Peter Manfredo Jr. “This is what I’ve been training for”
By John J. Raspanti, Doghouse Boxing (Nov 15, 2011) Doghouse Boxing
Photo: Peter Manfredo Jr
By John J. Raspanti, Doghouse Boxing: Peter Manfredo Jr. will have many boxing fans pulling for him when he challenges WBC middleweight titleholder Julio Cesar Chavez Jr. November 19 at the Reliant Arena in Houston, Texas. Manfredo’s honesty is refreshing in a sport filled with hyperbole and false modesty. The working-man from Providence pulls no punches and tells it like it is, even when discussing his own chances of winning.

The 30-year-old Manfredo has won 37 of his 43 fights with 20 of those wins coming via knockout. Chavez,25, is undefeated with 30 of those wins coming inside the distance. Last June he claimed a portion of the 160-pound crown by winning a hotly debated majority decision over Sebastian Zbik in Los Angeles.

Manfredo’s been training hard for the past five weeks and feels he’s right on track.                                               
“Training is going good. I have had some great sparring.” he said. “I have been able to maintain my weight right where I want it to be. I feel strong and am in great shape and ready to go.“

The likeable contender has been watching tapes of previous Chavez fights.

“He goes to the body well and has a great chin.” he said.

Chavez Jr’s defense sometimes disappears during fights. Manfredo has noticed the lapses.

“He get hits a lot, which gives me a great opportunity in the fight.”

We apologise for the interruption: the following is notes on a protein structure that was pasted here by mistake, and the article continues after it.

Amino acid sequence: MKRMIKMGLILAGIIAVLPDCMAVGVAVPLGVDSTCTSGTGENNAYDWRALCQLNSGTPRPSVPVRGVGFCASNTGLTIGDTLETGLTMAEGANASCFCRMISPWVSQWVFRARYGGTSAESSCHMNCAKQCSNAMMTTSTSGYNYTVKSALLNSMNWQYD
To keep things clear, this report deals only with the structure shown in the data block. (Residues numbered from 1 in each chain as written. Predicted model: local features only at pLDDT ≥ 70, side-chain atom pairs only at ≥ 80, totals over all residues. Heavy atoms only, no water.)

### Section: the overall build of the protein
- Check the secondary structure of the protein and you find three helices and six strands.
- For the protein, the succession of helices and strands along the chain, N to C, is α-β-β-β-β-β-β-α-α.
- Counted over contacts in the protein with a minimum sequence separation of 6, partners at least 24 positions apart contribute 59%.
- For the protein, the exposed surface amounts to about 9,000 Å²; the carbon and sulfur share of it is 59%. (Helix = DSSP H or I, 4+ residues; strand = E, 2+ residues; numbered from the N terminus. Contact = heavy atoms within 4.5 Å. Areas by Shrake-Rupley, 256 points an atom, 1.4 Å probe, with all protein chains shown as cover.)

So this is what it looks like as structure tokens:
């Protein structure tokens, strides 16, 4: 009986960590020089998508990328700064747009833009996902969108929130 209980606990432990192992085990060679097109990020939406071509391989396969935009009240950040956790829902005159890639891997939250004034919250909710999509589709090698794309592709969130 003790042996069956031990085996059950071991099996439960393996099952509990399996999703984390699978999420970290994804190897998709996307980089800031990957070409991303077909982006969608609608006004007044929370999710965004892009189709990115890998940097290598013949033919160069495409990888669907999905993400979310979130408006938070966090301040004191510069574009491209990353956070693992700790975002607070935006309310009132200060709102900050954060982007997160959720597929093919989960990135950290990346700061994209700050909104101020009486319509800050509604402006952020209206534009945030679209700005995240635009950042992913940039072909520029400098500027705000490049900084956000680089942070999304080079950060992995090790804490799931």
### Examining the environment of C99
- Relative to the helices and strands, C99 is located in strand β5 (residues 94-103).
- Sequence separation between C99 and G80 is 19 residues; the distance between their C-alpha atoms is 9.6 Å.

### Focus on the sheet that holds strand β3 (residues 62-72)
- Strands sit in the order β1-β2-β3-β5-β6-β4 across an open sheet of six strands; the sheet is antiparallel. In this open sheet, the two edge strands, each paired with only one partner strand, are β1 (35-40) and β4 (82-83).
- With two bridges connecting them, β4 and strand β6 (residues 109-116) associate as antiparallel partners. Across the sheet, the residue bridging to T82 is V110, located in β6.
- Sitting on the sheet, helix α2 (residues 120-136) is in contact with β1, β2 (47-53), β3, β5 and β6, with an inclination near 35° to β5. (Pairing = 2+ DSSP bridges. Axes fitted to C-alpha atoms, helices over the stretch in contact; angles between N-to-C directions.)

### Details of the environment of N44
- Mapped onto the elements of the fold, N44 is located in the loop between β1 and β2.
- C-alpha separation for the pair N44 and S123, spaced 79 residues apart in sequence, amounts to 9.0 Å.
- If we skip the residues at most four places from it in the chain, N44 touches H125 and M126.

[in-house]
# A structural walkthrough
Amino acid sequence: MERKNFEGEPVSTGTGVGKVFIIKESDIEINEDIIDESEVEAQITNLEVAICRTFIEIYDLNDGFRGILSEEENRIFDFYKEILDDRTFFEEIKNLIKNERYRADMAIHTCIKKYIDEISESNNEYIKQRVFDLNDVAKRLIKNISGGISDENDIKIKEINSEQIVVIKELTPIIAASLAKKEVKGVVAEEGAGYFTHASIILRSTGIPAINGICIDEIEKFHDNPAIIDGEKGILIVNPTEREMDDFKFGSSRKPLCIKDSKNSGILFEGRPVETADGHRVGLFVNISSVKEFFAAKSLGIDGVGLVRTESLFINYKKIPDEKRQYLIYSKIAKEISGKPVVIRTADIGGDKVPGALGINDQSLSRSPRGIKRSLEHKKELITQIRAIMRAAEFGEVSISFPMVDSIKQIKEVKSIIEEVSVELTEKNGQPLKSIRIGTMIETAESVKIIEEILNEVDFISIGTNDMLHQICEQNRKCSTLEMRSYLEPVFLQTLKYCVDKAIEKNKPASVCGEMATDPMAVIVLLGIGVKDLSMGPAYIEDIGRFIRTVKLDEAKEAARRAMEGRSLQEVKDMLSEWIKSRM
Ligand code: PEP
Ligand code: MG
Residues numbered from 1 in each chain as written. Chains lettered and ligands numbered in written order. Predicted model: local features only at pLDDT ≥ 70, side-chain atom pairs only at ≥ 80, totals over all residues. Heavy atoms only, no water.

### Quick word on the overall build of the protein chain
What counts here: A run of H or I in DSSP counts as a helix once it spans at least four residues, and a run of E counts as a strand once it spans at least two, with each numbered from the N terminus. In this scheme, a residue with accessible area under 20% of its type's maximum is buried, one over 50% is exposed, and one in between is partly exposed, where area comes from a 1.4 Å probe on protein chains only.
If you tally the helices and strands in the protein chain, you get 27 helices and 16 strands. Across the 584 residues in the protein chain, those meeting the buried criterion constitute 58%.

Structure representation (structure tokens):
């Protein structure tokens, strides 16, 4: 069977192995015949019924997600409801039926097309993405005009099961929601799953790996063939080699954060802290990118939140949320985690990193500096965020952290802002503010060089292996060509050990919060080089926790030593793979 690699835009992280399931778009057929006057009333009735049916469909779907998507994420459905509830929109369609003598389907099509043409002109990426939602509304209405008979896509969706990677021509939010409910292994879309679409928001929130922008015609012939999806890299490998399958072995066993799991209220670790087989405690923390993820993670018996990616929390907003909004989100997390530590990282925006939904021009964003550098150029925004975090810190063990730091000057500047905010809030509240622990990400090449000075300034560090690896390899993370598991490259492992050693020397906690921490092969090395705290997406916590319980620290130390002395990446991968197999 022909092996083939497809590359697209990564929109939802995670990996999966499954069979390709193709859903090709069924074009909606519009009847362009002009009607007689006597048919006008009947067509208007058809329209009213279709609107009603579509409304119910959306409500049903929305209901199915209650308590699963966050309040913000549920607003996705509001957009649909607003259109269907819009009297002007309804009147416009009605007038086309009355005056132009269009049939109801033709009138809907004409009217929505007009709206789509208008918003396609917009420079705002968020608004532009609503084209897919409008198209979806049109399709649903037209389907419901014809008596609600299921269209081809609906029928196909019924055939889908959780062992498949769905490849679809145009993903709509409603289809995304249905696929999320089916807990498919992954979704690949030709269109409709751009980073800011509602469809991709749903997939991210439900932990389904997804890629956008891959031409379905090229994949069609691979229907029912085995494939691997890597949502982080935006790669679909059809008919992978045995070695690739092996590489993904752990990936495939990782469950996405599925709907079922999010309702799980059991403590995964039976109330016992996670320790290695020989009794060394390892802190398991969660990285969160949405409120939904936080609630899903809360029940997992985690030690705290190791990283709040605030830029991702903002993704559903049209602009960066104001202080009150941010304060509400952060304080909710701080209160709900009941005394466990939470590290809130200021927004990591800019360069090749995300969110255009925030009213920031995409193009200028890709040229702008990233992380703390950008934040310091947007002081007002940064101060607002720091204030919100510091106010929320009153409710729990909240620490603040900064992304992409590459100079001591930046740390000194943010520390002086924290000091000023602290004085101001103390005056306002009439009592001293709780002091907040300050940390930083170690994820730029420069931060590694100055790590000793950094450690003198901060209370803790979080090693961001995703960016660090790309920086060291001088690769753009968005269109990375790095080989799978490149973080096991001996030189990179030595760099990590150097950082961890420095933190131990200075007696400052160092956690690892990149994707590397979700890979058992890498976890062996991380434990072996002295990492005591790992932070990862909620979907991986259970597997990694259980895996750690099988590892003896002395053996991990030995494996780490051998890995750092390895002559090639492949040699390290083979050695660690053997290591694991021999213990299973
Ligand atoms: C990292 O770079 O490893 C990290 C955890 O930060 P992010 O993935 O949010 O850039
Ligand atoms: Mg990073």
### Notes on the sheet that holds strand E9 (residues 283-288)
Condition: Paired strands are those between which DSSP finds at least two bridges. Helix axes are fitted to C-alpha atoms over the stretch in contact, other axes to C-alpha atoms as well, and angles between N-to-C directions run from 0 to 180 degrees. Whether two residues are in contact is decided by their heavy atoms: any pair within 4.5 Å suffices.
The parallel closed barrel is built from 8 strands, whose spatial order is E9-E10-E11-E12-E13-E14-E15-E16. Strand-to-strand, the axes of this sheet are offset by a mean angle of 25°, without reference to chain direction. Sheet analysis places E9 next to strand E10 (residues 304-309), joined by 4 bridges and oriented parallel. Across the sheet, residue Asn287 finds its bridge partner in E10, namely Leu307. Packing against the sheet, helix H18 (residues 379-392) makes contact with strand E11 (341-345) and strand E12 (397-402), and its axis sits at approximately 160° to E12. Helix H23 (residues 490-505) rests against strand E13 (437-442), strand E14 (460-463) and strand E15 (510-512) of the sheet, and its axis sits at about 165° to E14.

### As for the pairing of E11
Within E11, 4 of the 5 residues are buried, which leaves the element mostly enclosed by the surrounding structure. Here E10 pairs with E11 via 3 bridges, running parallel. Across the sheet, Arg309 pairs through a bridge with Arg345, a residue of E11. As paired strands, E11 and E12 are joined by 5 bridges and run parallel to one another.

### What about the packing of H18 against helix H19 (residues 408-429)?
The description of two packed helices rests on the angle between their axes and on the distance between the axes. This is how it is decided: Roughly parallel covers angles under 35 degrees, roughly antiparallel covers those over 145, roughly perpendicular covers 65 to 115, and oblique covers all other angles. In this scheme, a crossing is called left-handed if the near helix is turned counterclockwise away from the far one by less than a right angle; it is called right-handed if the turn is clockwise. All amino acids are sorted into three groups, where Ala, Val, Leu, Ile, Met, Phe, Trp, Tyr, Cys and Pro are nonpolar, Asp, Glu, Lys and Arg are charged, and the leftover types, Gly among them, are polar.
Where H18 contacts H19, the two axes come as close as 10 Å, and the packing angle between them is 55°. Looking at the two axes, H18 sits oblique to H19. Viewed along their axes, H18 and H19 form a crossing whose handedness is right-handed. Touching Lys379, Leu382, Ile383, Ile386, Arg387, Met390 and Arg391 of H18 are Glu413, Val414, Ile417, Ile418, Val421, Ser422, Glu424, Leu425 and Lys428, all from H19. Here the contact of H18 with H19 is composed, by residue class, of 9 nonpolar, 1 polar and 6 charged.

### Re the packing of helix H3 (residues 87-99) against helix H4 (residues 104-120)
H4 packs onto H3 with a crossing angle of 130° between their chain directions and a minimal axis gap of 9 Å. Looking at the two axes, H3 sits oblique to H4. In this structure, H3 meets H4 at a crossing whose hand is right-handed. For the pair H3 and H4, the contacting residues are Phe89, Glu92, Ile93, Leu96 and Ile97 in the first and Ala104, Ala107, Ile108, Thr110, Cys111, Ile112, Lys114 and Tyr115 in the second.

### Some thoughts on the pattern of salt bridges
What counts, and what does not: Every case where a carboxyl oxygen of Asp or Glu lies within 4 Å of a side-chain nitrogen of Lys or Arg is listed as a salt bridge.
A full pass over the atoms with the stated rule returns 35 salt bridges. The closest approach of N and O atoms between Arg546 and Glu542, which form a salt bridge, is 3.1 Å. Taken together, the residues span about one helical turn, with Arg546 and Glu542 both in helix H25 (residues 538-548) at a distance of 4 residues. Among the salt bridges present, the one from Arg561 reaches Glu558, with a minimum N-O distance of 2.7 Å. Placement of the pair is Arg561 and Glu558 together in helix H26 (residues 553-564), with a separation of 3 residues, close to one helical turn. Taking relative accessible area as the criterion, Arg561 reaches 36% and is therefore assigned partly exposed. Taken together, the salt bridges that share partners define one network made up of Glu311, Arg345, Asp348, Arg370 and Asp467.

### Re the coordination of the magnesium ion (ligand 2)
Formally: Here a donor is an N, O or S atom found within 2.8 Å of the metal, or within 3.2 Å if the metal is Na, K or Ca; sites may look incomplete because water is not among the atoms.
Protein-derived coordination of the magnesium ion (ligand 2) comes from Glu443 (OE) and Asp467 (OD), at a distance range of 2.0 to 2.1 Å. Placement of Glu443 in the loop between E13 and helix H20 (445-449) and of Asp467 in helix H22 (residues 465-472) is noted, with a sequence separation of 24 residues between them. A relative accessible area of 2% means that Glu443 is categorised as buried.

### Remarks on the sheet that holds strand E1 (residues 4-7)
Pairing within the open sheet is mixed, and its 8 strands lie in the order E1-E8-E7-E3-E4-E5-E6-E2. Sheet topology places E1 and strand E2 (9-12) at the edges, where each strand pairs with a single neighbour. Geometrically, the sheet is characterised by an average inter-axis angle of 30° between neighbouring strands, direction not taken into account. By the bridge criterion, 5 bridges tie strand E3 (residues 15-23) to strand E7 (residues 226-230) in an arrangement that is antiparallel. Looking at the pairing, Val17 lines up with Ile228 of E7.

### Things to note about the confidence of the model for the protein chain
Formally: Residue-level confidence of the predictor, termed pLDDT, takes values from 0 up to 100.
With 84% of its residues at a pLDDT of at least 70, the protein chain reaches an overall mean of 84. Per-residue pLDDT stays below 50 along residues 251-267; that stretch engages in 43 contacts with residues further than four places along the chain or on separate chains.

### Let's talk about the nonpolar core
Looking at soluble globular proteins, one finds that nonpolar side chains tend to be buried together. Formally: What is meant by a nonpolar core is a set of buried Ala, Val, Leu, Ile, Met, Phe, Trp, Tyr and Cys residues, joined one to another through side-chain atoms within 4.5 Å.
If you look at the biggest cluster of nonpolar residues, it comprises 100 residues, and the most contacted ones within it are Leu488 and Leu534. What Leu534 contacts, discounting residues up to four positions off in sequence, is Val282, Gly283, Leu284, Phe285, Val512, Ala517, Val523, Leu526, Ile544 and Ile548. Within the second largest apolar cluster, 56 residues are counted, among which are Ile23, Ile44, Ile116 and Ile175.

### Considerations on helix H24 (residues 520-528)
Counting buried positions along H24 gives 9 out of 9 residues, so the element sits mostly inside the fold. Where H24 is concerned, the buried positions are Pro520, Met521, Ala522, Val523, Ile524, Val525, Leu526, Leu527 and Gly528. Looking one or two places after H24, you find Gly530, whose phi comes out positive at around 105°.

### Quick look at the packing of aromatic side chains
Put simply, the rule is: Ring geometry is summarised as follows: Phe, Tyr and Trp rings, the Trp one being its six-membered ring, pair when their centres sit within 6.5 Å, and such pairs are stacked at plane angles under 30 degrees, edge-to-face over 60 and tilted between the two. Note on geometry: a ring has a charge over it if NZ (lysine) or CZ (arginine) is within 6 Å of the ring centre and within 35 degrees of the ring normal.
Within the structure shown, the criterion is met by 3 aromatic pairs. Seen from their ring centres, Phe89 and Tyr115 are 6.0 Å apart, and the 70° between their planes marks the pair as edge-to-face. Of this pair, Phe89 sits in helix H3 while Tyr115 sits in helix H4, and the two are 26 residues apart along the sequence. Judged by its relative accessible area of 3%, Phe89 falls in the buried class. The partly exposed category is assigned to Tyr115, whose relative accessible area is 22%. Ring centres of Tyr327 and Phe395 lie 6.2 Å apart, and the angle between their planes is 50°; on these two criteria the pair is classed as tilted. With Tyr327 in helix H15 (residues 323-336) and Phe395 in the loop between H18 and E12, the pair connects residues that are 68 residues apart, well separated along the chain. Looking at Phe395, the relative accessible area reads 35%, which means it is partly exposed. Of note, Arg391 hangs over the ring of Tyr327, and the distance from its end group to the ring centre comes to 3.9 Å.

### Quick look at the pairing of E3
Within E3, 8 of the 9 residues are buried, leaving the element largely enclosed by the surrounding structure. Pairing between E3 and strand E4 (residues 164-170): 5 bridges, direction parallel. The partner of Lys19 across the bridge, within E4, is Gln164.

In 2007, a visibly nervous Manfredo challenged super middleweight champion Joe Calzaghe in Cardiff, Wales. Calzaghe outworked Manfredo in rounds one and two. Manfredo found himself against the ropes in round three. Calzaghe’s punches were coming in bunches,some landing others missing.  Manfredo blocked most of the punches but wasn’t returning fire. The referee saw a beaten fighter and stopped the fight with Manfredo languishing on the ropes. Manfredo addresses the Calzaghe loss swiftly and honestly.

“I was over matched with Calzaghe”, he said. “I was in a weight class, I shouldn't have been in. With this fight, I feel it is an even match up. This the best shot for me to win a major world title.”

Dropping back to the middleweight division was a stroke of genius by Manfredo and his team. He’s beaten Matt Vanda, Angel Hernandez, Jhon Berrio, and Daniel Edouard in succession. His jab has looked razor sharp in those bouts.

In a career filled with more up’s and down’s than an out of control elevator, Manfredo’s perspective is pragmatic and real.

“I’ve been very satisfied with my boxing career. I was an unknown kid from Providence, RI. I who was not a great amateur boxer."

"I’ve accomplished more than expected as a professional. I built my record up to 21-0 and captured the NABO title. I caught a break on the reality show “The Contender."

"I’ve fought legends like Calzaghe and Lacey," Manfredo said. "After losing to Bika, I moved back down to 160 and captured the IBO World Title. Now I am getting the opportunity to fight for the WBC title. I can't ask for much more.“

A loss to Chavez will send Manfredo into retirement.

"If I lose, I hang it up and concentrate on being a great father to my kids,” he says, with no hint of bitterness.

What happens if he wins?

“If I win Sergio Martinez pays off my house,” he replied.

This real life “Rocky” will have his work cut out on November 19. Manfredo has the kind of boxing skills that can give Chavez fits. Texas is Chavez country so winning a decision looks like a long shot. Still, he's got a chance, and a chance is sometimes good enough.

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